According to a report by Krebs On Security, Microsoft is buying the old domain name “Corp.com” in an attempt to boost the security of the users.
For over 26 years, the domain was owned by Mike O’Conner, who held an auction for the same in February with an opening bid of $1.7 million.
O’Conner confirmed that Microsoft has agreed upon the deal but didn’t reveal the amount of purchase or made any further comments. He wanted Microsoft to get hold of Corp.com since he hasn’t been able to do much with it all these years.
Interestingly, O’Conner was an early adopter of the internet. He didn’t waste time in purchasing domains such as television.com, bar.com, pub.com, place.com, etc. He has sold some of these over the years.
Why is Corp.com a security threat?
Corp.com has been in question for a long time as it poses security risks for Windows-powered machines deployed in corporate networks. A Windows feature called DNS name devolution works alongside the Active Directory service and allows PCs connected to a corporate network to be easily identified.
The problem lies in the fact that older Windows versions (like Windows Server 2000) used “Corp” as the default path for the Active Directory, which in turn, created all the chaos.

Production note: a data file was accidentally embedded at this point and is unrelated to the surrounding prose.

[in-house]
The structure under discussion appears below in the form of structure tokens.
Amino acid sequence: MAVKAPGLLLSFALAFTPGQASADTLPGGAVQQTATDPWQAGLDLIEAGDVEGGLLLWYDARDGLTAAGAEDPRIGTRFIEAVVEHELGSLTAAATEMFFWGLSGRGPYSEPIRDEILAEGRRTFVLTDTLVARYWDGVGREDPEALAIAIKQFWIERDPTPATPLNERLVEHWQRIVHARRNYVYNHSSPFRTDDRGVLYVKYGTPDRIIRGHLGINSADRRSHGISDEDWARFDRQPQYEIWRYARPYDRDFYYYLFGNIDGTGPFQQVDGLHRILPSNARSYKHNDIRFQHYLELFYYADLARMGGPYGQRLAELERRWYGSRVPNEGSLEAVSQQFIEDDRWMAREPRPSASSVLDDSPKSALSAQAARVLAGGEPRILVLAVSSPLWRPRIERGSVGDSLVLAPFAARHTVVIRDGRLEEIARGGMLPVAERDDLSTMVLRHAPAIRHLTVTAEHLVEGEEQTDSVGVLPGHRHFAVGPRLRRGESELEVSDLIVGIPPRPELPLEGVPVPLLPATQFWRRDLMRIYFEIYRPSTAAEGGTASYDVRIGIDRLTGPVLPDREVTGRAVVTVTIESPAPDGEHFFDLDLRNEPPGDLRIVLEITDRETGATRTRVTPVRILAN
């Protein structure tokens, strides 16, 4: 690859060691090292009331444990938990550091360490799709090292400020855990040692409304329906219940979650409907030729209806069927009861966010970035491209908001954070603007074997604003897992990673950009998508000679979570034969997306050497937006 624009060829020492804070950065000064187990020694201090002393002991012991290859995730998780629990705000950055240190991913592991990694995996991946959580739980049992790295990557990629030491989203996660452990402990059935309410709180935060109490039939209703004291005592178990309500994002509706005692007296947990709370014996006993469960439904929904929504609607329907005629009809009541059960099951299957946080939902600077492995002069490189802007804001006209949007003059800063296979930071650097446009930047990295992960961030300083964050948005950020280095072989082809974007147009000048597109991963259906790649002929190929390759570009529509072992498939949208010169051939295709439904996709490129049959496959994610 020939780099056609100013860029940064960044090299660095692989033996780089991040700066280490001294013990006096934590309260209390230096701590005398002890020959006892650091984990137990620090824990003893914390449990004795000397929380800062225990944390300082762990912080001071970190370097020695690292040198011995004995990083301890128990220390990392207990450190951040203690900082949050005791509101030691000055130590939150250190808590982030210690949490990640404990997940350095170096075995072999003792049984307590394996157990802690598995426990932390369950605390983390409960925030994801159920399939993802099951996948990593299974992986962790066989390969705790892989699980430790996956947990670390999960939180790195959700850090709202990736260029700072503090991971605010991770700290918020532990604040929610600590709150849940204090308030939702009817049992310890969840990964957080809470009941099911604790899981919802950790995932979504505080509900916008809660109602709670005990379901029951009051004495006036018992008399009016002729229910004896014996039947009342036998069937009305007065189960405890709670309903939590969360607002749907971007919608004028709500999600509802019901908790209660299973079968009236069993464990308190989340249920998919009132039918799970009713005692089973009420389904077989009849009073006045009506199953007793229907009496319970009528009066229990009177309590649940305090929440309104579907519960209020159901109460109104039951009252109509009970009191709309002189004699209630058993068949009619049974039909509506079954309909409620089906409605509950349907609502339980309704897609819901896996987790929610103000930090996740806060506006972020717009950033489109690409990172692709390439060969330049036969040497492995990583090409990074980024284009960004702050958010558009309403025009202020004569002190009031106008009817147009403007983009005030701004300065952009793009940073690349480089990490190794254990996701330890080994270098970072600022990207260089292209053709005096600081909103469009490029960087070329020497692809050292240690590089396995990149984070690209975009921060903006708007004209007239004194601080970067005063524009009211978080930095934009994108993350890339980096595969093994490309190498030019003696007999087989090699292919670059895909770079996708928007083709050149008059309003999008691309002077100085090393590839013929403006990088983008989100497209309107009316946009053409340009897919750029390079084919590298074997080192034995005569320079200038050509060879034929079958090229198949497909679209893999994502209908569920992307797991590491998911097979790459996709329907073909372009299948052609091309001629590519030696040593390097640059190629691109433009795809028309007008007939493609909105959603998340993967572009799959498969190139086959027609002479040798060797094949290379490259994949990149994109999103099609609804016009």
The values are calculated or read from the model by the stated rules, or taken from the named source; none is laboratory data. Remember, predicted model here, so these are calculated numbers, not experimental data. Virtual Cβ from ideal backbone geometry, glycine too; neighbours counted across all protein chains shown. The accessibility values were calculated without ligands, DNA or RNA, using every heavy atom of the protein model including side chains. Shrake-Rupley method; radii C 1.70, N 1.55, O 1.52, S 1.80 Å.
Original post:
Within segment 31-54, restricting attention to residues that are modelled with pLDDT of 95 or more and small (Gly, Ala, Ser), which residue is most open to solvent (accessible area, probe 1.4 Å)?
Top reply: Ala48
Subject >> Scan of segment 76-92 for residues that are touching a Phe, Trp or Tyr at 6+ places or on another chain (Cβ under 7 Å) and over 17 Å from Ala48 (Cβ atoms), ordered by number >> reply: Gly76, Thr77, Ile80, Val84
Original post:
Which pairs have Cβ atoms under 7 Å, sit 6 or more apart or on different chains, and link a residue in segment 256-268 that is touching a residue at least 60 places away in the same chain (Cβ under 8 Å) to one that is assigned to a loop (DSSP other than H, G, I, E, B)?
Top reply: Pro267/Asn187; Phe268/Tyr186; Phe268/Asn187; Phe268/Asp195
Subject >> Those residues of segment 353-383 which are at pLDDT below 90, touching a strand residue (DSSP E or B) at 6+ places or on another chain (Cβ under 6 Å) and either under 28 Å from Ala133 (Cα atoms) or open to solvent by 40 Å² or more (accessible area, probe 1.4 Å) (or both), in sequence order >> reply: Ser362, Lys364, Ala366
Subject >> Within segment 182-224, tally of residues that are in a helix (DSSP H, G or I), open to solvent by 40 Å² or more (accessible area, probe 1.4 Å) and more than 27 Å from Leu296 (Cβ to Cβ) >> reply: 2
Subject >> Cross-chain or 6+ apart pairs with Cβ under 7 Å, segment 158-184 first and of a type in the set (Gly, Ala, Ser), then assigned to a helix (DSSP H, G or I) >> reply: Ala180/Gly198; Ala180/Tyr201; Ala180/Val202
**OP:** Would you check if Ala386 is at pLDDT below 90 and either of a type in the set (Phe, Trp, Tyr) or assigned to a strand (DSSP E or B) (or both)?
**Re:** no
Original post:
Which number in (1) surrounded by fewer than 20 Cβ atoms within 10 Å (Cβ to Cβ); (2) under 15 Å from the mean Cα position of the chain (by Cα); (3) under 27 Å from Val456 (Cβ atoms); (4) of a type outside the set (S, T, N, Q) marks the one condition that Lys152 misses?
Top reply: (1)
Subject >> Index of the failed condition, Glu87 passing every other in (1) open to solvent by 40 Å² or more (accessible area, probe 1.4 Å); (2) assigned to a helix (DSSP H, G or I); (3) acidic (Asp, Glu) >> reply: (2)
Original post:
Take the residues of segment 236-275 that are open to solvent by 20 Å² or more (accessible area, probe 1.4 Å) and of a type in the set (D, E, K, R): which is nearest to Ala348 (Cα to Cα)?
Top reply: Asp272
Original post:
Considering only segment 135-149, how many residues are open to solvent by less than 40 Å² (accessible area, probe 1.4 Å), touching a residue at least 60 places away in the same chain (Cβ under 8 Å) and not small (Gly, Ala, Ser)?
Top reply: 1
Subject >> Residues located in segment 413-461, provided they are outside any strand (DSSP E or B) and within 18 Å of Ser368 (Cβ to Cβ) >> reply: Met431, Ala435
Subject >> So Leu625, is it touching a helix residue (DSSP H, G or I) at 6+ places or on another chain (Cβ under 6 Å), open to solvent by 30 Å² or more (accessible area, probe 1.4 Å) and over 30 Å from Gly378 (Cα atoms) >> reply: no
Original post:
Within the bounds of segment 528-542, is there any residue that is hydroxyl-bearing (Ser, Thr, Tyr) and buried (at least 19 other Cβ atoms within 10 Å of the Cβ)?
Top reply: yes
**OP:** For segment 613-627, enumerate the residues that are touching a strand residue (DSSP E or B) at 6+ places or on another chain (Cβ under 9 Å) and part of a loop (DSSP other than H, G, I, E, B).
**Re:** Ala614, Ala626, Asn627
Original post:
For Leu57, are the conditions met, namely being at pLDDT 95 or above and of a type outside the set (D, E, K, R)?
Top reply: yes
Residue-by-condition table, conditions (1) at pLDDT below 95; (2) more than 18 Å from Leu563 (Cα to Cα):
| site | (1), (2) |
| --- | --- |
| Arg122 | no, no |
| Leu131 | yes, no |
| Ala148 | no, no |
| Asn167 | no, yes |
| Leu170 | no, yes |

Various organizations didn’t care to change it and continued building their infrastructure on top of it. Little did they know that it would turn into a security threat one day.
Now, the story is all good until an employee is working inside the organization. But the problem occurs when their machine goes out in the open, for instance, a coffee shop, and tries to connect to the Corp domain.
What happens here is called ‘namespace collision,’ as the default domain Corp overlaps with Corp.com which is present on the open internet. This, in turn, would lead the confused machine into sending sensitive data to Corp.com because of the way things work.
So, whoever owns Corp.com can check out the stuff and maybe do evil deeds if they’re a bad person. Thankfully, O’Conner isn’t one of them.
One thing to note here is that the feature was designed at a time when people mostly used heavy desktop machines in their offices. Taking their computer out for a picnic was the last thing they could imagine.
A lot of testing has been done over the years, revealing that Corp.com receives a concerning amount of love from Windows machines across the globe. Back in 2019, security researcher Jeff Schmidt analyzed the domain for eight months and concluded that over 375,000 Windows PCs tried to connect to the domain and send data.
Microsoft has finally bought Corp.com
Microsoft acknowledged this problem back in 2009 and released a couple of patches to fix it. But the ballooning size of the corporate networks made the affected organizations reluctant in deploying the patches.
It required them to make their Active Directory network offline for a while, and there were chances that the patches would likely break a couple of important applications. Hence, not deploying the patches was considered safer after weighing the risks involved.
Over the years, Microsoft continued to release software updates to make things better. Now, the Windows-maker has taken the Corp.com domain in its own hands and hopefully solved the problem once and for all.
However, the company has a history of abandoning unused domains. Let’s see, for now how long it pays attention to this one.